Oslo’s Olympic committee unveiled details of their 11th-hour alternative plan for a slimmed-down Winter Olympics in 2022 on Thursday, cutting its budget by nearly a third. They hoped to generate more public support for an Olympics, but wound up fending off more opposition and don’t support the alternative themselves.
The biggest cut involves dropping plans to build a new ice arena at Valle Hovin in Oslo and instead use the so-called “Viking Ship” arena in Hamar, about a 90 minute drive from Oslo, where Norway’s Johan Olav Koss won three Olympic gold medals in 1994.
Skating officials raised immediate objections, claiming that one of the major reasons for hosting an Olympics in Oslo was to build new sports facilities, especially badly needed ice arenas.
The Oslo2022 promoters of another Winter Olympics in Norway dropped plans, though, to move biathlon events from Oslo to Lillehammer. The idea was to save money on new biathlon facilities that would have to be built, probably at Grønmo in southeast Oslo, by using existing facilities at Lillehammer. Promoters, however, feared too much pressure would be put on hotel capacity in Lillehammer which already will host the bobsled and luge events, with alpine skiing held at nearby Hafjell and Kvitfjell. The biathlon facilities would also be used by the Paralympics that follow the Olympics, and they’re not supposed to be moved from the city applying for the winter games.
Plans to move ski jumping and other events to Drammen or Vikersund were also dropped on claims that moving them would add to costs, not reduce them.
The most money could be saved, according to Oslo officials, by demanding more TV- and sponsor revenues from the IOC and scaling back on construction plans for an Olympic Village, a media center, a broadcasting center and housing for media representatives. Facilities built for the upcoming youth Olympics in Lillehammer in 2016 can be reused, the organizers claimed. Only one new ice hockey hall should be built, not two in Oslo. Less money can also be used for marketing, administration and staffing.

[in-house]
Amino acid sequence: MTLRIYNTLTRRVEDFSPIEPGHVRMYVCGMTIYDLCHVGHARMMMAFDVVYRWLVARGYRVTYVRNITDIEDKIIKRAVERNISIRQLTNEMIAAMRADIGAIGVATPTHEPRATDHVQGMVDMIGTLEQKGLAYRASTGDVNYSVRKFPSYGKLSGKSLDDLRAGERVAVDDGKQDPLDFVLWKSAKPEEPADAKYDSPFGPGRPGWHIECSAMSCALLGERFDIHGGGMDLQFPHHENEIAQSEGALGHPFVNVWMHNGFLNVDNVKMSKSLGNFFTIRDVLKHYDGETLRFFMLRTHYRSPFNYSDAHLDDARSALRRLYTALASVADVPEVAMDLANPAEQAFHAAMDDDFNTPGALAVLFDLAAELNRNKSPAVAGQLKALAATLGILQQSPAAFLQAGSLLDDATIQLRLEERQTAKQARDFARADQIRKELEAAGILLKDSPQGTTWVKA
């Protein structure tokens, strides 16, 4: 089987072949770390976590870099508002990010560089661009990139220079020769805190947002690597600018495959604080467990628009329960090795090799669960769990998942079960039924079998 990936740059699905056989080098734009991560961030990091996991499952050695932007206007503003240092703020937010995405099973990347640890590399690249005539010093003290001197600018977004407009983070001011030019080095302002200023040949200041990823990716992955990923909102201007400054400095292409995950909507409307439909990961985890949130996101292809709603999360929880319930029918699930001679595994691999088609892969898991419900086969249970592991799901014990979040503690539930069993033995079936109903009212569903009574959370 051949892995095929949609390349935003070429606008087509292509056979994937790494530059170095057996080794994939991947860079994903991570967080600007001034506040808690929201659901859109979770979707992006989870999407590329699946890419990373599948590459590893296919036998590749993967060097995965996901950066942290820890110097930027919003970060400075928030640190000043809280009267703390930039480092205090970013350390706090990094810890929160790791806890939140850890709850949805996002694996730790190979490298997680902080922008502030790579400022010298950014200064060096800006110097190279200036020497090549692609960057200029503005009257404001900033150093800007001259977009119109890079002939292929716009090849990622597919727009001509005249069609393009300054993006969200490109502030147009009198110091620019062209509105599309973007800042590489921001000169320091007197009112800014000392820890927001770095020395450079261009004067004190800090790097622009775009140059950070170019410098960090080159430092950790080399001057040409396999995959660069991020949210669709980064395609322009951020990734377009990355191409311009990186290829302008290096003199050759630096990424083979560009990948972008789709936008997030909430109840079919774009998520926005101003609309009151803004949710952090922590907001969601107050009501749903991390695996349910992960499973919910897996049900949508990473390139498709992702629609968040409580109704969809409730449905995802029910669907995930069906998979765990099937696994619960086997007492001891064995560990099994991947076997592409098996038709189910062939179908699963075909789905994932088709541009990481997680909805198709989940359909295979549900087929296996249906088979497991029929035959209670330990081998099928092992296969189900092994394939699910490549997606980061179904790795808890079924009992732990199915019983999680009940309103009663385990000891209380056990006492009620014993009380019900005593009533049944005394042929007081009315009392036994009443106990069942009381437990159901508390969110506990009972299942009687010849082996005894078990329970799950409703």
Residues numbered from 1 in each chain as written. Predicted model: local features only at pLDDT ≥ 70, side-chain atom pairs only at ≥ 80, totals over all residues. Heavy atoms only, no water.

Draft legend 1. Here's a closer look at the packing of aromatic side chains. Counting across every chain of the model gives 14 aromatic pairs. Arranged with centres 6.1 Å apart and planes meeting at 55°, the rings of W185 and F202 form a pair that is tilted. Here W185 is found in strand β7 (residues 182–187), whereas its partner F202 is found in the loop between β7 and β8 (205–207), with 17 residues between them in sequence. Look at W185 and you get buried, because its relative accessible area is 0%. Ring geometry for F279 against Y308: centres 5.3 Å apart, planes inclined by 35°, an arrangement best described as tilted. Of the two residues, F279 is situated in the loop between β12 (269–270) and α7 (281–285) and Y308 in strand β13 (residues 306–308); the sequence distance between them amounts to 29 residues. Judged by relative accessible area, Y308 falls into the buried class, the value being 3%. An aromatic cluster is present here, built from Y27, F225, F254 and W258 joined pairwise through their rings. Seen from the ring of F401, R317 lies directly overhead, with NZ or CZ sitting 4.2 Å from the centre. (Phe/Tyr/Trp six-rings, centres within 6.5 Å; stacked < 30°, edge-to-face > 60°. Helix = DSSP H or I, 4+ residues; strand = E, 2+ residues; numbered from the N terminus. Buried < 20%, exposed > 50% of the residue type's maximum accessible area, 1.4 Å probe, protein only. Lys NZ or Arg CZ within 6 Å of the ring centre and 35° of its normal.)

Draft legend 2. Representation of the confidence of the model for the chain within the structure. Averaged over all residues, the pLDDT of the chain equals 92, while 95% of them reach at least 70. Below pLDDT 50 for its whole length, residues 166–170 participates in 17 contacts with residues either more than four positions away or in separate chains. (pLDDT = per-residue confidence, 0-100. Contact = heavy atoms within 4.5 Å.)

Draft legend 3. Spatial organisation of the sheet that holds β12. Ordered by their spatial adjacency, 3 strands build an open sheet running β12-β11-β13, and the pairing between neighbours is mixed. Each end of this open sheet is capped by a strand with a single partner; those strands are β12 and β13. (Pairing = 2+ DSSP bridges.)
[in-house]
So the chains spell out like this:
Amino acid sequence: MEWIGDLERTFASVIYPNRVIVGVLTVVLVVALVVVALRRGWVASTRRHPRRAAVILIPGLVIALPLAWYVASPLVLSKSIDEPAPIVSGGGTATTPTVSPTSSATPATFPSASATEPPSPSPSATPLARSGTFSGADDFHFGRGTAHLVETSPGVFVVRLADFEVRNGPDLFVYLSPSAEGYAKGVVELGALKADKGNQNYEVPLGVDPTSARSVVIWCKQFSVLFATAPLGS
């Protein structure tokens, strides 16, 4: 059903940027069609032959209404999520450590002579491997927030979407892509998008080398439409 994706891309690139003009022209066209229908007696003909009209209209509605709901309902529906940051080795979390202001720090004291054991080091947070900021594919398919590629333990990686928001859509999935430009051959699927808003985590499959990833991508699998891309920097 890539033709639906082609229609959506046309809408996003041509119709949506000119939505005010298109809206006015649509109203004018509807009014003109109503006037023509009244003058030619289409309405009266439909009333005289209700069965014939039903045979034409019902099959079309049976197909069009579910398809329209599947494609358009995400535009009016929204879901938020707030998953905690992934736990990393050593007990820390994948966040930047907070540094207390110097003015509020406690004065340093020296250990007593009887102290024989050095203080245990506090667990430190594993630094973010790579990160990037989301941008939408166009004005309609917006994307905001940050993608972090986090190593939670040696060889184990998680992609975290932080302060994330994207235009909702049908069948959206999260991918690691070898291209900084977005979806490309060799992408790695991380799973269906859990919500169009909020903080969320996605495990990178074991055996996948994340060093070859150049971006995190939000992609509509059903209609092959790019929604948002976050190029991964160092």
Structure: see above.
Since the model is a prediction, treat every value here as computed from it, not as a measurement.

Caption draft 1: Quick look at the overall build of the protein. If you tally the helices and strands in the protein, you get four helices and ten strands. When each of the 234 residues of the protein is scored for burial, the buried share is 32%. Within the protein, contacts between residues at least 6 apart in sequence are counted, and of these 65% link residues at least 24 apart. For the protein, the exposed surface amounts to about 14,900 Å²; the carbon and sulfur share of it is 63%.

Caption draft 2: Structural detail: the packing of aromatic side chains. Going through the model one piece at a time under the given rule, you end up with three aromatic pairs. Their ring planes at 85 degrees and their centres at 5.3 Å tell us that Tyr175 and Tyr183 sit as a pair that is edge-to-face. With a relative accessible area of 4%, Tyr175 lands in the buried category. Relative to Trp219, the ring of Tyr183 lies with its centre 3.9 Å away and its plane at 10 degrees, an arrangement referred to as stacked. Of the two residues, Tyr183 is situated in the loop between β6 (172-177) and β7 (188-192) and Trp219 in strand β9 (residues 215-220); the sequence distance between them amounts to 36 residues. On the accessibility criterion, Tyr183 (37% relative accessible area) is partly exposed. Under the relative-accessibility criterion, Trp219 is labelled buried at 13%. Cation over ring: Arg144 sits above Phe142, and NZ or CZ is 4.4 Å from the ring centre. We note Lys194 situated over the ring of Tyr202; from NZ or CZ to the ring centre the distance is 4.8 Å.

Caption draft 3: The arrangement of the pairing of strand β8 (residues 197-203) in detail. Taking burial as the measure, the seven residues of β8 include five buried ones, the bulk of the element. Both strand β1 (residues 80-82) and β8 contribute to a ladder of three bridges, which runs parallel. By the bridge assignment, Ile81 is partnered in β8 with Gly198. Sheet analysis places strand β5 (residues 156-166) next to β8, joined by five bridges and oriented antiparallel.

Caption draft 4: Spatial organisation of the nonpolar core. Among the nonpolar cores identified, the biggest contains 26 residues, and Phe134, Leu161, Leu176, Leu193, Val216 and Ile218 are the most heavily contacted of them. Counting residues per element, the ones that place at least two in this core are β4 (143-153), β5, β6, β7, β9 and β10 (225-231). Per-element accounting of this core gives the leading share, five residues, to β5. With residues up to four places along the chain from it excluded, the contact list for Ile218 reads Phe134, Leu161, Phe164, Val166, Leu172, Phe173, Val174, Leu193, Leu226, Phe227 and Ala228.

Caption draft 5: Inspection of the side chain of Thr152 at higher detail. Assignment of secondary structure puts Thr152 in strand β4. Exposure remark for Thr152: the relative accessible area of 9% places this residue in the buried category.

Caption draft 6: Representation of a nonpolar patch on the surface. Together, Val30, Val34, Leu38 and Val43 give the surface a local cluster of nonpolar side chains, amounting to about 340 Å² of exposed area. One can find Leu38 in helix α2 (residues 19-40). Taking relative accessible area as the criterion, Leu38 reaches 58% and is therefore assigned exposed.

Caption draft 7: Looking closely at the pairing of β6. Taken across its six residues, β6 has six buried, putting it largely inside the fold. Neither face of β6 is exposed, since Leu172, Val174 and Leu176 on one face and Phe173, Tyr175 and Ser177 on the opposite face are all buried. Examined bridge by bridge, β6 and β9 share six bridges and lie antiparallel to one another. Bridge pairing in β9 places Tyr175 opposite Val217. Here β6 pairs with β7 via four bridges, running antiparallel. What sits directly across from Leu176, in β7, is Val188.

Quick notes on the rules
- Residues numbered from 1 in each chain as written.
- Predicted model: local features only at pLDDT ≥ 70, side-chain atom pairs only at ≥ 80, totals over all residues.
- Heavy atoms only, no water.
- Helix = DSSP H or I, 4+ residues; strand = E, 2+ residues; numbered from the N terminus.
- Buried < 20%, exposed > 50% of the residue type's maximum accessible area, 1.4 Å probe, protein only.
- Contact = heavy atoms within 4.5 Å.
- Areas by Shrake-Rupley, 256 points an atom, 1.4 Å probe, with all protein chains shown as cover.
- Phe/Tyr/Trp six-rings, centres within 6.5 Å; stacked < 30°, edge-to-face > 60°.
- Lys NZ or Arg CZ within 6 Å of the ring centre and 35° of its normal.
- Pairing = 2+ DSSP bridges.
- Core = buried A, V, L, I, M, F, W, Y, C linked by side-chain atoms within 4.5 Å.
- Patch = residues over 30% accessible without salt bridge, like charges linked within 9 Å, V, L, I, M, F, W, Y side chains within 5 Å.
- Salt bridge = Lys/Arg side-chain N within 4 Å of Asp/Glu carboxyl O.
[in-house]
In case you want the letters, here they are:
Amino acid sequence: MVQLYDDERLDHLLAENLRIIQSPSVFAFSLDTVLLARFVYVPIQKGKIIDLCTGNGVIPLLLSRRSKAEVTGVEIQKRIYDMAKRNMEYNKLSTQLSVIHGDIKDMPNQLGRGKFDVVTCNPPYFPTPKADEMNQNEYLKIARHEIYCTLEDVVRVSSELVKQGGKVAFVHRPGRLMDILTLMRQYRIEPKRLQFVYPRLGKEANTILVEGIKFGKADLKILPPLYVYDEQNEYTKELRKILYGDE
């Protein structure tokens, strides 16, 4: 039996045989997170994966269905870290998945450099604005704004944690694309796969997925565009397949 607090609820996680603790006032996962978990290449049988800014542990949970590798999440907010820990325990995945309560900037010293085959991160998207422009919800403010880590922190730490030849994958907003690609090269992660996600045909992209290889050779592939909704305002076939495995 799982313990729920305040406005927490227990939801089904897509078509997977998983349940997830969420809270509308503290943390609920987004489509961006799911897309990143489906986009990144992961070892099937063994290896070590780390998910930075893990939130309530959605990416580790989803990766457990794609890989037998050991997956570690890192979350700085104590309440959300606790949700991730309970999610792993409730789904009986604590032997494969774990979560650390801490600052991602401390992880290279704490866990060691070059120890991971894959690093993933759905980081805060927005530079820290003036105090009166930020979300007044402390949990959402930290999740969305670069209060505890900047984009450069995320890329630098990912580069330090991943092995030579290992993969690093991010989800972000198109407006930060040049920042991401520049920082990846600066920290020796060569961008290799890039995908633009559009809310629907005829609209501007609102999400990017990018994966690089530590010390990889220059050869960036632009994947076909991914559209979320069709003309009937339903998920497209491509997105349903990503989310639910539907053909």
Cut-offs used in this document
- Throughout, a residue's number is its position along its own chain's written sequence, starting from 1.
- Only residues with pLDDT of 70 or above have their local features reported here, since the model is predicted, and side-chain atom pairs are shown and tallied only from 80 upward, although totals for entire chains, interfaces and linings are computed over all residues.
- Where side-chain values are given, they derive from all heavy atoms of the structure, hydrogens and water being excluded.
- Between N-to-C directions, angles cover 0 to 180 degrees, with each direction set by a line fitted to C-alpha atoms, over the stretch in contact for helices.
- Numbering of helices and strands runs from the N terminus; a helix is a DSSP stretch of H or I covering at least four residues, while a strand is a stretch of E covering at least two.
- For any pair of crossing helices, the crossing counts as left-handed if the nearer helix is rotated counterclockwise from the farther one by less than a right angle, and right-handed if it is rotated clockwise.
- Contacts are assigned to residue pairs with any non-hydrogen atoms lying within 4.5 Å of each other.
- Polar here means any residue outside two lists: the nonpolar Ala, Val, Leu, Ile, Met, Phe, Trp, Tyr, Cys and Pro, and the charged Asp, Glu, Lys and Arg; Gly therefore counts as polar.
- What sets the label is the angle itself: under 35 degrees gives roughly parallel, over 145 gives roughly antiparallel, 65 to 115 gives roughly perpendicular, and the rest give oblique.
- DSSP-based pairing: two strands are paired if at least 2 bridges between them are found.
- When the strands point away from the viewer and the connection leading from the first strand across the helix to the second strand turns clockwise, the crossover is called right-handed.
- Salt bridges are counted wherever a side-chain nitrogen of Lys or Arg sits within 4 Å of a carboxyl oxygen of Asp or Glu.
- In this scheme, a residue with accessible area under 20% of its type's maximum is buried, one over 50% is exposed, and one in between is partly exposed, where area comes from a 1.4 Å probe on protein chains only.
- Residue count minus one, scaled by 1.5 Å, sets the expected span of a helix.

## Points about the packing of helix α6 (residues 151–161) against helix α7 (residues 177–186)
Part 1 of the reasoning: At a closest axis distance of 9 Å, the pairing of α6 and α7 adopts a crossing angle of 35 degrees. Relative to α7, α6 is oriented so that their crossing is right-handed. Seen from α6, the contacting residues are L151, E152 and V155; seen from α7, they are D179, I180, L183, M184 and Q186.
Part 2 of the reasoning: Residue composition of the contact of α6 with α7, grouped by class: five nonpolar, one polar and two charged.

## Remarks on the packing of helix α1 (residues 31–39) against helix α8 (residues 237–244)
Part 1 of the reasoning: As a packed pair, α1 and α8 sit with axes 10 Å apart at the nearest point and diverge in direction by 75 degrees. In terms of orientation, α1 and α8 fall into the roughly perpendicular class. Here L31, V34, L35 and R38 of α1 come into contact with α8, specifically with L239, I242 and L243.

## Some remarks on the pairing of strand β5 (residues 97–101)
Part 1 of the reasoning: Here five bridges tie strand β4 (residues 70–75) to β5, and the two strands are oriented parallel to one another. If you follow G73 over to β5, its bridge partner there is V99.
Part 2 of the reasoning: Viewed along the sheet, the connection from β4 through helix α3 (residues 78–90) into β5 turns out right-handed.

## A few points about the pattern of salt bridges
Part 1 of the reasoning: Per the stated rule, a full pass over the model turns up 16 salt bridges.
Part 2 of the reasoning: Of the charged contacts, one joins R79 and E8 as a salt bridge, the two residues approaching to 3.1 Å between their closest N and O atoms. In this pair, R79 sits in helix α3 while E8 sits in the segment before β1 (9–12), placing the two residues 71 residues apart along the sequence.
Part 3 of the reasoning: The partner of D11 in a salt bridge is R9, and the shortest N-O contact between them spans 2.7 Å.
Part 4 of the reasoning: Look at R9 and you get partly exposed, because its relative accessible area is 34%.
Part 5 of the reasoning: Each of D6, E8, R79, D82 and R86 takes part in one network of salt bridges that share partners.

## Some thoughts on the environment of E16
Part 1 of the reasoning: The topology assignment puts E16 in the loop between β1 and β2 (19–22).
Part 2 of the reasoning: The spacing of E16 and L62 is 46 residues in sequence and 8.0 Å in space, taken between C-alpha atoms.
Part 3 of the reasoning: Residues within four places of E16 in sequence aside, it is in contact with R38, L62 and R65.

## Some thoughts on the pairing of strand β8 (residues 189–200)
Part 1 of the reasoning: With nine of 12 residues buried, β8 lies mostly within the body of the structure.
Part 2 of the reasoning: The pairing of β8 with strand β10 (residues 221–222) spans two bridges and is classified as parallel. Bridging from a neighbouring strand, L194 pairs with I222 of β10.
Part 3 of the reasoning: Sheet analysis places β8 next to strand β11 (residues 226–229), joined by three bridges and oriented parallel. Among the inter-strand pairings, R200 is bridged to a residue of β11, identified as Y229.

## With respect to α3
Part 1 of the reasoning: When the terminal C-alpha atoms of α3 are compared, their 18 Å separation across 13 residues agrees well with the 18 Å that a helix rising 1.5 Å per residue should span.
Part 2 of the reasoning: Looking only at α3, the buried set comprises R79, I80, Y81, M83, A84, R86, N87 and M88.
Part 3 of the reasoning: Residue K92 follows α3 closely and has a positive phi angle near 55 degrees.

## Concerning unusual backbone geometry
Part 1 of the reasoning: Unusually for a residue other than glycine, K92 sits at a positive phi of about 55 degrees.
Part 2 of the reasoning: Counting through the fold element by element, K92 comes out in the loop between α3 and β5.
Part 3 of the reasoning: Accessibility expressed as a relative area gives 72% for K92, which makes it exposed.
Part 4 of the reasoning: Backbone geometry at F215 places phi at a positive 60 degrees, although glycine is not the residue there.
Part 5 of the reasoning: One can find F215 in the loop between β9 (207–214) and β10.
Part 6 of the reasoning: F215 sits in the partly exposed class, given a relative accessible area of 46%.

Don’t recommend their own new proposals
All this would save NOK 8.8 billion (USD 1.4 billion at current exchange rates). But neither Oslo2022 nor the city’s Olympic committee recommends them. “We need more athletic facilities in Oslo but we can’t pretend that the debate over costs hasn’t existed,” Stian Birger Røsland, leader of the city government for the Conservatives, said at a press conference Thursday. “There has been considerable skepticism towards the amount of money needed. I think it would have been irresponsible of us to not present alternatives.”
A vast majority of Norwegians want Røsland and the other politicians and bureaucrats pushing for an Olympics to simply drop the whole project. They argue that new sports facilities can be built without having to host an Olympics.
Now the government will have two alternatives to evaluate before deciding whether to support the government financial guarantee demanded by the International Olympic Committee. One of the dozens of commenters on Norwegian Broadcasting’s website, most all of whom were negative to an Olympics, wrote that the Olympics can rather give the government a golden opportunity to improve relations with China: “Just drop the project and let Beijing host the Olympics in 2022.” Beijing is one of only three bidders for the Winter Olympics in 2022, along with Oslo and Kazakhstan.